Euro behind wave of investment

  • 2011-01-27
  • From wire reports

TALLINN - The applause for Estonia’s euro adoption just doesn’t end. This tiny northern European country’s accession to the eurozone and the Organization for Economic Cooperation and Development has attracted a wave of foreign-investor interest, says a government official, reports Bloomberg.
The national business promotion agency EAS is working with potential investors on 112 projects, compared with about 50 projects a year earlier, Krister Kalda, the head of EAS’s investment and trade development unit, said in an e-mailed response to questions on Jan. 24.

“It is a safe bet [to say] that the euro has had a positive effect, as Statoil mentioned when making a big investment here,” Kalda said, adding that “We also know of other companies who’ve said that. Certainly, there’s also been a boost from the general increase in publicity due to Estonia’s capital Tallinn becoming the European capital of culture this year, and joining the OECD.”
Euro adoption removes currency risks and exchange costs for exporters and investors. The former Soviet Baltic republic is relying on foreign investment and shipping goods abroad as it catches up with Western European living standards amid weak domestic demand because of high private debt and unemployment, at 15.5 percent in the third quarter.
Estonia on Dec. 9 became the 34th member of the Paris-based OECD, a grouping of the world’s most advanced economies, and the 17th eurozone nation on Jan. 1.

Statoil Fuel & Retail ASA, the biggest fuel retailer in the Nordics, set up its financial center in Estonia on Oct. 1, citing euro entry as a crucial factor in picking the location. It spent 270 million euros, the biggest foreign investment in the Baltic country last year.

Kalda said he hopes to reach investment decisions this year on about the same number of projects as last year. In 2010, EAS helped to seal 24 investment agreements totaling an expected 1.8 billion kroons (115.3 million euros), he said.
Key industries for investors are metals and machinery, chemicals, materials technology, business services and information technology, with major investors helping their suppliers to move operations to Estonia, he noted. Aside from Sweden and Finland, where the majority of investment into Estonia stems from, potential investors also represent the U.K., France, the U.S., Russia and Norway.

Considering the possibility for further revenue-generating measures as the government continues with its austerity plans, IRL Chairman Mart Laar says that further tax hikes would be counter to Estonia’s national interest, as the tax burden is already too high in Estonia. “Increasing [taxes] would curb economic growth and keep the unemployment rate high. By lowering taxes, Estonia would lose money, at least temporarily. However, this is the only way that we can move forward,” Laar said, reports news agency LETA.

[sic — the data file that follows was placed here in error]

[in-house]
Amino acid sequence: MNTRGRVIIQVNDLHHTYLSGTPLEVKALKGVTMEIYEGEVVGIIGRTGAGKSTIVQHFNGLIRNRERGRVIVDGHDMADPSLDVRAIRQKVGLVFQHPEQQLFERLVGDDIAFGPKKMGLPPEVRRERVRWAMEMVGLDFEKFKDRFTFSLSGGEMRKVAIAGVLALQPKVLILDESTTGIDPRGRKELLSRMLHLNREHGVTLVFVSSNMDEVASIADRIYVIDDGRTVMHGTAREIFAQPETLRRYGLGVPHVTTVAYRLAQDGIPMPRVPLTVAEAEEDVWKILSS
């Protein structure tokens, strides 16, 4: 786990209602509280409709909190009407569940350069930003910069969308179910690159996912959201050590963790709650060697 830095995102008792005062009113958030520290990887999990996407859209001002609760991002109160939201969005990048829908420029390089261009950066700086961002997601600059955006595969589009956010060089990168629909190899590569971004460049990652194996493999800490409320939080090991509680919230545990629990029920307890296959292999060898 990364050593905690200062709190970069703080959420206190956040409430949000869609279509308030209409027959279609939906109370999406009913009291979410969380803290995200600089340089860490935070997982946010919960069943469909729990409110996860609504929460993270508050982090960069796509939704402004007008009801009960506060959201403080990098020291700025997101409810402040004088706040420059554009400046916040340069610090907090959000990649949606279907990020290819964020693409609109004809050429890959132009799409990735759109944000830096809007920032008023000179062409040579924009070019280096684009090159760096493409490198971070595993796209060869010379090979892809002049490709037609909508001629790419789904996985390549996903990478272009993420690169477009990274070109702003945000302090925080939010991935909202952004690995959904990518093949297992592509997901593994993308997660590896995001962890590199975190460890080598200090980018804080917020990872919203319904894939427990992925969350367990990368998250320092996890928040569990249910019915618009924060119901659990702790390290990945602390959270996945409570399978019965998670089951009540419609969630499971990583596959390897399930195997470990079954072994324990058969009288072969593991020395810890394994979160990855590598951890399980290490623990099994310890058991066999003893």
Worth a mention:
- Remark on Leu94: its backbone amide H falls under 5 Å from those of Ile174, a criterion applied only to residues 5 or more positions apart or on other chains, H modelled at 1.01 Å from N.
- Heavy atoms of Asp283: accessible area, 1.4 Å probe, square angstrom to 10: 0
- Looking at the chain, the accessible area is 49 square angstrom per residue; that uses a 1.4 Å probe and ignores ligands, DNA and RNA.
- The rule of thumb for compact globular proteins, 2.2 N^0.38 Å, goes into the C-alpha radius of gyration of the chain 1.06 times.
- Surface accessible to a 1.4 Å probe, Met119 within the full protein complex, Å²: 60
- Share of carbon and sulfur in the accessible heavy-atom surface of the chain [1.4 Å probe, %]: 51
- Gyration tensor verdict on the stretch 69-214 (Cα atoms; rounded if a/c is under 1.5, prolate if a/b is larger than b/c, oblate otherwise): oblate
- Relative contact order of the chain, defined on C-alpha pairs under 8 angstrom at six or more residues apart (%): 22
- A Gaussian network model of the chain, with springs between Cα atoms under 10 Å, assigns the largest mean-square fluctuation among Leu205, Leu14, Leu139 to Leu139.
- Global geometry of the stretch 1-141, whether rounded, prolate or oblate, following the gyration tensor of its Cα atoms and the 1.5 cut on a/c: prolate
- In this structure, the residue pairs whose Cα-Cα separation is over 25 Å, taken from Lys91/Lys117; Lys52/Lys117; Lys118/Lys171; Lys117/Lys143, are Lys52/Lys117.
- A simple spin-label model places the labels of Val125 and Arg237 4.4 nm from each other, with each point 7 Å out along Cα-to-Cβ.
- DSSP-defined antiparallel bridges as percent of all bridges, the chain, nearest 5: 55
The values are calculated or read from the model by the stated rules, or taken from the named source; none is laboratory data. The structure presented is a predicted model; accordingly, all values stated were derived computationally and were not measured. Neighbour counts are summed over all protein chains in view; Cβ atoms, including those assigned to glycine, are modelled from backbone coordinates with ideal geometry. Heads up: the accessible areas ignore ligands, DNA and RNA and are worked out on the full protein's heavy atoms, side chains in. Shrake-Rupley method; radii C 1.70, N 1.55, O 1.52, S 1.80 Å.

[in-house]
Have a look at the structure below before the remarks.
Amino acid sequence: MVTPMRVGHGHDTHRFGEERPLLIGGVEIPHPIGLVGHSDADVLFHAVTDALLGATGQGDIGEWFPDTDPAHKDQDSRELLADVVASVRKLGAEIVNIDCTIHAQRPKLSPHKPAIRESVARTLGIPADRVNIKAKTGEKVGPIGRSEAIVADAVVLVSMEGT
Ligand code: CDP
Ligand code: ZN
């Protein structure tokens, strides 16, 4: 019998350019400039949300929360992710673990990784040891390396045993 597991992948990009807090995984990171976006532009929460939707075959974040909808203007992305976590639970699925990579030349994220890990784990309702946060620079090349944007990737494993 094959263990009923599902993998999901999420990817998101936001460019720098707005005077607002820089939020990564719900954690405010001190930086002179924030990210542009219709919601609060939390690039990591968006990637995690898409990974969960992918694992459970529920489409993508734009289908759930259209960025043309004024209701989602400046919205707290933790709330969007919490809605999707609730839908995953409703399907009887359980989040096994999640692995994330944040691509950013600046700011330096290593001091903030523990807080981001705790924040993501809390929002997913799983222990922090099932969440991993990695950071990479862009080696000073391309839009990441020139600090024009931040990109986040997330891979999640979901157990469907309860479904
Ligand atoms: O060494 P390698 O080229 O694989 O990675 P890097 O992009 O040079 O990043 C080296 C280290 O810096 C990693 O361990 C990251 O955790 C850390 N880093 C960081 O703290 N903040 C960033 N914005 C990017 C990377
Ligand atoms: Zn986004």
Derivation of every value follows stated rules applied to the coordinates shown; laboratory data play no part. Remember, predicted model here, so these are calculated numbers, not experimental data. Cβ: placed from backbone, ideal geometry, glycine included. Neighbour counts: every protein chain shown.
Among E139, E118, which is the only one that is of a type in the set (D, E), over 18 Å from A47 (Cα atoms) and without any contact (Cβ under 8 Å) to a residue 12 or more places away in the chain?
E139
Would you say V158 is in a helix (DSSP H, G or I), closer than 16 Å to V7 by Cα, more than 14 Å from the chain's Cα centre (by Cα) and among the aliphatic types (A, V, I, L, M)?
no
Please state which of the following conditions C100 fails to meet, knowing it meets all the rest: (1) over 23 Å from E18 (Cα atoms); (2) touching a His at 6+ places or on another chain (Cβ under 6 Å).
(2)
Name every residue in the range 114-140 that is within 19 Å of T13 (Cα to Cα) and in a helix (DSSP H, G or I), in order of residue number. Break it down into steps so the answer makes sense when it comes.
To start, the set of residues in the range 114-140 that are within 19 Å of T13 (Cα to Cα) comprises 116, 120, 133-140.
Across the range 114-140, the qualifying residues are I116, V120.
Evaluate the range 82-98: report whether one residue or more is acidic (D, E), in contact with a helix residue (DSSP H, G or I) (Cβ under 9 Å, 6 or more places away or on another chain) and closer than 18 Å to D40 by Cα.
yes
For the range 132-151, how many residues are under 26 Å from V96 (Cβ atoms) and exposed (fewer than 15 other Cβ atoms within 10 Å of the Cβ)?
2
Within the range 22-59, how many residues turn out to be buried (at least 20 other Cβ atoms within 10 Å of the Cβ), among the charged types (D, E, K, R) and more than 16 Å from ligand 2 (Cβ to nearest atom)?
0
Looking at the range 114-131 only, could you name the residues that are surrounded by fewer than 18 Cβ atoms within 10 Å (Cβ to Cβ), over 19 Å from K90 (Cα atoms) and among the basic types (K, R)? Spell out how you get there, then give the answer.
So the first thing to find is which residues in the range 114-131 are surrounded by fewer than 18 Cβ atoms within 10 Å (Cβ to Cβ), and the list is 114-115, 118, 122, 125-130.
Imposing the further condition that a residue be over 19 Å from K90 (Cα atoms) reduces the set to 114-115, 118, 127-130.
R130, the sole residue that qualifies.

According to the former prime minister, the main fault with Estonia’s tax system is unduly high payroll taxes; the higher the charges levied on the workforce, the more cautious employers are in creating new jobs.
IRL proposes to cap the social tax, a move that “should facilitate creation of high-paying jobs, and lower the unemployment insurance premiums,” he says. The party’s platform foresees eliminating the fringe benefit tax on employer contributions to employee pension funds, supplementary health insurance and training courses.

Laar also said IRL would block all attempts to rashly increase public sector debt.
Despite what Laar considers high tax rates, the Estonian Market Research Institute forecasts continued strong growth in trade, after the already encouraging November figures. Statistics Estonia reports that in November 2010, compared to November 2009, Estonia’s exports of goods rose by 48 percent and imports by 38 percent, at current prices.
Twenty-five percent of companies polled by the Institute in December expected export orders to increase, while in November the share was 20 percent. Half of those polled said that they expect orders to remain at ordinary levels and the rest were pessimistic.

The Estonian economic confidence index of the European Commission showed an increase in December; the entire EU and euro area economic confidence index also improved. Economic confidence is higher in Germany and Sweden, which are among Estonia’s most important trade partners.
The European Bank for Reconstruction and Development now expects Estonia’s economy to grow this year by 3.6 percent. In October, EBRD forecast that Estonia’s economy would grow 3.2 percent this year.